Several weeks ago I sat down to watch a 1980s sci-fi movie on netflix called Arena. The plot revolved around aliens and humans living and working on a space station that also hosted an intergalactic blood sport. The human protagonist seeks to become the first human champion in over 5 decades against difficult odds made worse by cheating. At the time I made a joke that the 1990s space station sci-fi dramas (Deep Space Nine, Babylon 5) raided the cast of this movie to fill their own ranks (Ivanova from B5, Quark and Gul Dukat from DS9). And then DS9 showed up on netflix streaming a few weeks later.
Surprise, surprise. I'm a geek. You may have gleaned that from the comic book, anime, and video game related posts. I'm also a sci-fi geek and back in the day I watched Star Trek: The Next Generation. And then in 1993 came Star Trek: Deep Space Nine. A black captain?! It worked in Blazing Saddles.
Even though I watched the show religiously for a number of years, I never managed to see the end. Unfortunately, where I lived the scheduling and order of episodes was erratic. I definitely saw Worf join the crew and date Dax. Siddig el Fadil became Alexander Siddig. And then my grasp of the plot gets messy around the time the Shapeshifters invade the Alpha Quadrant with their army of drug-addicted lizard people. I think the Cardassians join them and the Klingons ally themselves with the Federation. Something about a top secret Federation ship illegally modified with Klingon cloaking technology. I'm pretty sure there was a one-eyed Klingon POW at some point. And yeah, it's all pretty hazy.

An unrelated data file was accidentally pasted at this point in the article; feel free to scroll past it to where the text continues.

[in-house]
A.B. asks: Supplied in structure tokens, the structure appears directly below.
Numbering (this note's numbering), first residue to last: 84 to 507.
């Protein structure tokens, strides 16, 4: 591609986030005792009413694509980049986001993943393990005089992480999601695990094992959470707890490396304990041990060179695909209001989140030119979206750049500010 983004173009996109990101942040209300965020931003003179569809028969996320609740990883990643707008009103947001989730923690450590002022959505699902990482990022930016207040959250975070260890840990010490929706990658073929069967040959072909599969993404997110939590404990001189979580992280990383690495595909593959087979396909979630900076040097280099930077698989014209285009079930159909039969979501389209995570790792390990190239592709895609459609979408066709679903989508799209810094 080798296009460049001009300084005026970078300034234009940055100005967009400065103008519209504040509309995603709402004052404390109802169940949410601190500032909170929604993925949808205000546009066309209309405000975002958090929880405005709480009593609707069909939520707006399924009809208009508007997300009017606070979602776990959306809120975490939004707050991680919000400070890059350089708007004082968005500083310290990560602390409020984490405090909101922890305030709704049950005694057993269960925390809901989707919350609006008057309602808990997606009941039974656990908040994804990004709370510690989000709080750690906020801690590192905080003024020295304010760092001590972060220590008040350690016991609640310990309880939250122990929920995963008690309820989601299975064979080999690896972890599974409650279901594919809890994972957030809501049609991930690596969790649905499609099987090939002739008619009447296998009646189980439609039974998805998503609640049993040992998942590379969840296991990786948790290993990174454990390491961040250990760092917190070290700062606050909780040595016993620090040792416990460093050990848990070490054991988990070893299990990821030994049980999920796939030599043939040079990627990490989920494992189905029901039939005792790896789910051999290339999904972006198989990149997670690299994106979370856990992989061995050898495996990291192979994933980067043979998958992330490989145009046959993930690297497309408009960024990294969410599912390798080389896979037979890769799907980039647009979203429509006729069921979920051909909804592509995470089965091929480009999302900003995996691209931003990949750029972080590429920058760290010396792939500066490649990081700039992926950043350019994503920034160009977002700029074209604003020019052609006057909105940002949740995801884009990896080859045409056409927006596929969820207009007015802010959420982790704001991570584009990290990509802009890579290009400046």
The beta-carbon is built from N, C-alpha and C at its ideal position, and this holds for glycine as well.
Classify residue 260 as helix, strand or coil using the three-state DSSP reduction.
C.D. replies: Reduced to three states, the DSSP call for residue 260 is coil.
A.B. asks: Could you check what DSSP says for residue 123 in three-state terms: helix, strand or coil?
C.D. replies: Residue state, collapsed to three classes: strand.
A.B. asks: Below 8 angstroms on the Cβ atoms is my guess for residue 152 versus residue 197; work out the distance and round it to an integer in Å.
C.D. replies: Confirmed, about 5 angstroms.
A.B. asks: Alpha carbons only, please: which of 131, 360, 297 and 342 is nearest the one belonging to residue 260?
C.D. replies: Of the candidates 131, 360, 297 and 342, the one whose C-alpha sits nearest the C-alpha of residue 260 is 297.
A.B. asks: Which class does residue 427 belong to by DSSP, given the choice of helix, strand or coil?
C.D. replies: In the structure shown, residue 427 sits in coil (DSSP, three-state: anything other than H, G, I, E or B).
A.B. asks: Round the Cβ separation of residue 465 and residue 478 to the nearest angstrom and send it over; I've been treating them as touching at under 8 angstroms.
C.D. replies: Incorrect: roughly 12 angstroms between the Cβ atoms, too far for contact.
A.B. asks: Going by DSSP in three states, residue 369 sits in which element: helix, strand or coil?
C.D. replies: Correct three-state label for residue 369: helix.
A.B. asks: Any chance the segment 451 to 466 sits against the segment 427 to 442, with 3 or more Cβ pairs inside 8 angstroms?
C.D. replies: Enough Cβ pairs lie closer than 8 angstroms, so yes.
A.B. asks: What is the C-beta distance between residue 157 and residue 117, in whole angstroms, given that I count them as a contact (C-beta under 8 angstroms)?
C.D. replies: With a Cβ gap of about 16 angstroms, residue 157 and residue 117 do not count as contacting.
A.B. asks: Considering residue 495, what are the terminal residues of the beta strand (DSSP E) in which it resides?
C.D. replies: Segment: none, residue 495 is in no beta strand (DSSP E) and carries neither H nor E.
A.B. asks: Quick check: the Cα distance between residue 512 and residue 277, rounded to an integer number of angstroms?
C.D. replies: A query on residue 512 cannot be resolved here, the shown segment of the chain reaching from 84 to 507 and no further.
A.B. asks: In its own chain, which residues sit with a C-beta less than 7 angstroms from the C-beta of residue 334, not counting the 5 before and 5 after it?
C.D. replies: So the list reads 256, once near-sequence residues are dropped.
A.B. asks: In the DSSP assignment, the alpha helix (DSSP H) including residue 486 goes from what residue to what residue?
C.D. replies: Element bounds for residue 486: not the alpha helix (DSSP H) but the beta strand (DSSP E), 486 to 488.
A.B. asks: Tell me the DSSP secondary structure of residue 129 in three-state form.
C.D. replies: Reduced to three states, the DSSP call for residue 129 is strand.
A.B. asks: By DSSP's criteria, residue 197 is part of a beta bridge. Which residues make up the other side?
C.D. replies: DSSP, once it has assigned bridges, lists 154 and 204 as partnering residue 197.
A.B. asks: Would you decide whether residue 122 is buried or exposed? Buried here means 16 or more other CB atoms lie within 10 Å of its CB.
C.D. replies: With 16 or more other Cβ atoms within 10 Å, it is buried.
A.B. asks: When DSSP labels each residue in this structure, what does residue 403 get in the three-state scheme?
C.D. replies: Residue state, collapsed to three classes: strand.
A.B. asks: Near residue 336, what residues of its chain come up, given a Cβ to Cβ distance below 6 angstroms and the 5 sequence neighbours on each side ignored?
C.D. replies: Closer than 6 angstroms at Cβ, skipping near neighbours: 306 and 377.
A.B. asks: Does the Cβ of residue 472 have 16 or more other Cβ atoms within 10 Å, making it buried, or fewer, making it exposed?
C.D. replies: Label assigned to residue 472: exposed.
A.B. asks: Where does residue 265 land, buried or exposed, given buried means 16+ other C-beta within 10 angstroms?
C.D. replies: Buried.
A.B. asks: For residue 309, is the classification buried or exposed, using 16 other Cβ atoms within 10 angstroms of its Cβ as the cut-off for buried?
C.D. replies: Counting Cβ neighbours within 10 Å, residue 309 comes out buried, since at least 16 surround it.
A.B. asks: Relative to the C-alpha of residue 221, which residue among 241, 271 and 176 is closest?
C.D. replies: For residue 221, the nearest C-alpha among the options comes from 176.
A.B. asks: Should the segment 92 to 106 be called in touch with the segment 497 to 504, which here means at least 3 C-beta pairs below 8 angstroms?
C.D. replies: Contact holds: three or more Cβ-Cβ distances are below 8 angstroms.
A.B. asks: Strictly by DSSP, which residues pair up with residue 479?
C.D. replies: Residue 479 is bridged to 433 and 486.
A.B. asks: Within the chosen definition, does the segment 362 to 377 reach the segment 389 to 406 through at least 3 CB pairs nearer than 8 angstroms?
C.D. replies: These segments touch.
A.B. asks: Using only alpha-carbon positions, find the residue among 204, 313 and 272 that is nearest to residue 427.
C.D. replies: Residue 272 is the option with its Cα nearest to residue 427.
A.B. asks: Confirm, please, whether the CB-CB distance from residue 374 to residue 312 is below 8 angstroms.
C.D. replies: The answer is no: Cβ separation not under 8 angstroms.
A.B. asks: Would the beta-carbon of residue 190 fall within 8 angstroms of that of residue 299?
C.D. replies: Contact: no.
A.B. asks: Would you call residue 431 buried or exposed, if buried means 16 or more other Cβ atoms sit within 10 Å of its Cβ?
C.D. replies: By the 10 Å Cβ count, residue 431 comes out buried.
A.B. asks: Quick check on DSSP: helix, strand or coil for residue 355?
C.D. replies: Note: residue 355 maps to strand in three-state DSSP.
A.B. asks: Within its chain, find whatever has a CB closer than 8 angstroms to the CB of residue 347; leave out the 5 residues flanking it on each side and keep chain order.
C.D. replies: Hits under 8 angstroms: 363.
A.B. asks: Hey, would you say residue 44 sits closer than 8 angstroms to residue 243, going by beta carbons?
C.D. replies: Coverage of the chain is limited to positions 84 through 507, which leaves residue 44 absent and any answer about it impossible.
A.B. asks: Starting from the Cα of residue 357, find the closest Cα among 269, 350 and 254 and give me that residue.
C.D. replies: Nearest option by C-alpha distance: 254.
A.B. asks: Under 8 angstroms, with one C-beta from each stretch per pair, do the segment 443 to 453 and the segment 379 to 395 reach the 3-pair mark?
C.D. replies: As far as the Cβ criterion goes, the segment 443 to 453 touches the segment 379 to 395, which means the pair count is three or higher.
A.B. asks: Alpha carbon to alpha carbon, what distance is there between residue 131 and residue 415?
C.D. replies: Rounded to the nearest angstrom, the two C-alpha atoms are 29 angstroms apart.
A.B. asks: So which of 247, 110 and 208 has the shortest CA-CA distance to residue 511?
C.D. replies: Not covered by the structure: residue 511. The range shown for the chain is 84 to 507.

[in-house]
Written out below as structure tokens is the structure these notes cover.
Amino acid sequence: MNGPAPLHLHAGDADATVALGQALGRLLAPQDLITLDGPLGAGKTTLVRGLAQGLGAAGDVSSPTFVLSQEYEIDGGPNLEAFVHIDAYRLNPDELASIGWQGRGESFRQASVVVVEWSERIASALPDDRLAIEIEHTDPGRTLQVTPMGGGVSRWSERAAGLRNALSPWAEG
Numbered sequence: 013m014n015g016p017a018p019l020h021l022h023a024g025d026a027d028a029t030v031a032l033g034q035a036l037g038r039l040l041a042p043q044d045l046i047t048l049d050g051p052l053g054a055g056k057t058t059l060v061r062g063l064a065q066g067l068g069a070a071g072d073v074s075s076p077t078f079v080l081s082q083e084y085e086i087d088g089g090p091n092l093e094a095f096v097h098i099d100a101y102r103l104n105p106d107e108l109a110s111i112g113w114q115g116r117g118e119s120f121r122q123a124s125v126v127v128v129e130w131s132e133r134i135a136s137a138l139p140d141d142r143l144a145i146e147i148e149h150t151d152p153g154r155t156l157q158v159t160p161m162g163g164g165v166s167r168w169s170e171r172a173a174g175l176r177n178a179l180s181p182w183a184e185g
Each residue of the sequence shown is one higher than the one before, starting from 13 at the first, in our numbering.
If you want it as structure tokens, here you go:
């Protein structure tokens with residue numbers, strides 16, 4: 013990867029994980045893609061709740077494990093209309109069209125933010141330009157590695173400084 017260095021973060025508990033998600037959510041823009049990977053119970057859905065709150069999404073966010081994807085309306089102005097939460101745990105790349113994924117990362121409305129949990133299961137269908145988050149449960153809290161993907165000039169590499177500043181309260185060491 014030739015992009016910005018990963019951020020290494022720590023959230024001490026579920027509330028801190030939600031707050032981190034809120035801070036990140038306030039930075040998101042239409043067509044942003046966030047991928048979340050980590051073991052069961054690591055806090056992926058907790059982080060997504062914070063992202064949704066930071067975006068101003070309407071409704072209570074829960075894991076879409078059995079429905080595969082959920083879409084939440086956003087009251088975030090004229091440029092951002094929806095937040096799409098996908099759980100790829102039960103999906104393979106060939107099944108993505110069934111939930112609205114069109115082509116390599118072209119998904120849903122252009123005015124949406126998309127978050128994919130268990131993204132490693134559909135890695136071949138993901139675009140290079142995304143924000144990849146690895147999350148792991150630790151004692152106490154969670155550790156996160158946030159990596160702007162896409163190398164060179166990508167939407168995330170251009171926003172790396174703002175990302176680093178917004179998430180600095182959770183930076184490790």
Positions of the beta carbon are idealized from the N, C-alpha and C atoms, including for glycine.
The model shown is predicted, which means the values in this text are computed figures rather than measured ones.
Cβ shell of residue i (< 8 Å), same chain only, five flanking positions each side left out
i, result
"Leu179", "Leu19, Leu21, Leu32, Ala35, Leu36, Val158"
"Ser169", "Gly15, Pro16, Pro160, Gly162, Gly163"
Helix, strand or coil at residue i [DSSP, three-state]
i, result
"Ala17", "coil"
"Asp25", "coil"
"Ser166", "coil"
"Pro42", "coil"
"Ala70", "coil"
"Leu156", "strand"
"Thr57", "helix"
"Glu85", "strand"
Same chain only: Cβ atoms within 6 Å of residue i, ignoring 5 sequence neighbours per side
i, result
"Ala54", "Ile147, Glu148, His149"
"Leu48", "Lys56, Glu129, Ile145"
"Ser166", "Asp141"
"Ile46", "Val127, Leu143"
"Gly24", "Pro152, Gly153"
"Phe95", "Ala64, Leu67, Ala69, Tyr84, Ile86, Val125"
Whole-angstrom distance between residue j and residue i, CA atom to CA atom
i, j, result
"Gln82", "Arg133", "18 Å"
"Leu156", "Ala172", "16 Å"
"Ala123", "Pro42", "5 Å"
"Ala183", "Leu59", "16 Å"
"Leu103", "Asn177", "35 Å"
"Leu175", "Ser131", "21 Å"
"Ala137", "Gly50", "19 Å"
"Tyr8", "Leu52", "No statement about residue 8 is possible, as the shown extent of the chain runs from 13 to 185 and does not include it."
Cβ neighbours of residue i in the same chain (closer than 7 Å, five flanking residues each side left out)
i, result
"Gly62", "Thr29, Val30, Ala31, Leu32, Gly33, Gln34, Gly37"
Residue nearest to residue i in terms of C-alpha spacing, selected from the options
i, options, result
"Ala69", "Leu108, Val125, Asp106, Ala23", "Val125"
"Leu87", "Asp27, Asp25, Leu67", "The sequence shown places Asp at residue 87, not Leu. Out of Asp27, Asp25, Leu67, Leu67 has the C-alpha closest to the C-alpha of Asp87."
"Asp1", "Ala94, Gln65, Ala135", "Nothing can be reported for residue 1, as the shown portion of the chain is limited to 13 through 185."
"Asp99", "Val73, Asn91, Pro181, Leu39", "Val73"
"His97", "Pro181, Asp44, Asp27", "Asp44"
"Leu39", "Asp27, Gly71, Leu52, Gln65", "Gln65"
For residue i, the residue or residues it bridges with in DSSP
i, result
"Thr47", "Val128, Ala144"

But thanks to technology, this week I've restarted watching DS9 from the very beginning. And without commercial interruption! So here's some thoughts.
I'd forgotten how much I enjoyed Sisko in command. His story of losing his wife and moving to the frontier with his son makes for compelling drama. And the navigating of factional politics (the Federation, various Bajoran interests, the Cardassians, and the various parties wanting to get in on the wormhole) made for fascinating, complex plotlines. Much like the early seasons of Babylon 5 before they went and ruined it by hurrying up the war with the Shadows.
I think this show was the first time I ever had a crush on an Asian woman. It wasn't so much a crush as I found the relationship between Chief Engineer Miles O'Brien (Colm Meaney) and his wife Keiko (Rosalind Chao). Even though she had previously appeared on ST:TNG in the same role (Worf delivered baby Molly - seriously), I found her appearances on DS9 to be much more interesting. I think it was the first time on television I had even seen a conjugal relationship treated seriously. It wasn't one of Picard's flings or the Riker-Troi will they/won't they Who's the Boss vibe. Miles and Keiko fought, made up, and worked to make things work raising a family on the outskirts of Federation territory. I suppose it doesn't hurt that she's fairly attractive, too.
One huge advantage of a space show set on a space station rather than a starship is that you can get rooted in stories that plant seeds that take several shows, sometimes even seasons, to blossom. With a starship, you have to keep moving which often brings a monster/disaster of the week storytelling mentality with a rotating cast of guest stars each week. Being station allows a stable cast of supporting characters to develop. And this led me to be more involved in the various plots, relationships, intrigues, dealings, double-dealings, and cloak-and-dagger.
I'll try to update on a fairly regular basis with my ongoing (re)impressions of the show. I just finished episode 3 where Garak, the only remaining Cardassian on the station, is introduced as a spy working to communicate with the Federation through Dr. Bashir. He helps break up a plot my Bajoran terrorists to destroy the wormhole with the help of Klingon sisters Lursa and B'etor Duras, last seen on ST:TNG failing in a coup attempt of the Klingon High Council.
Yes, I really did watch these shows. A lot.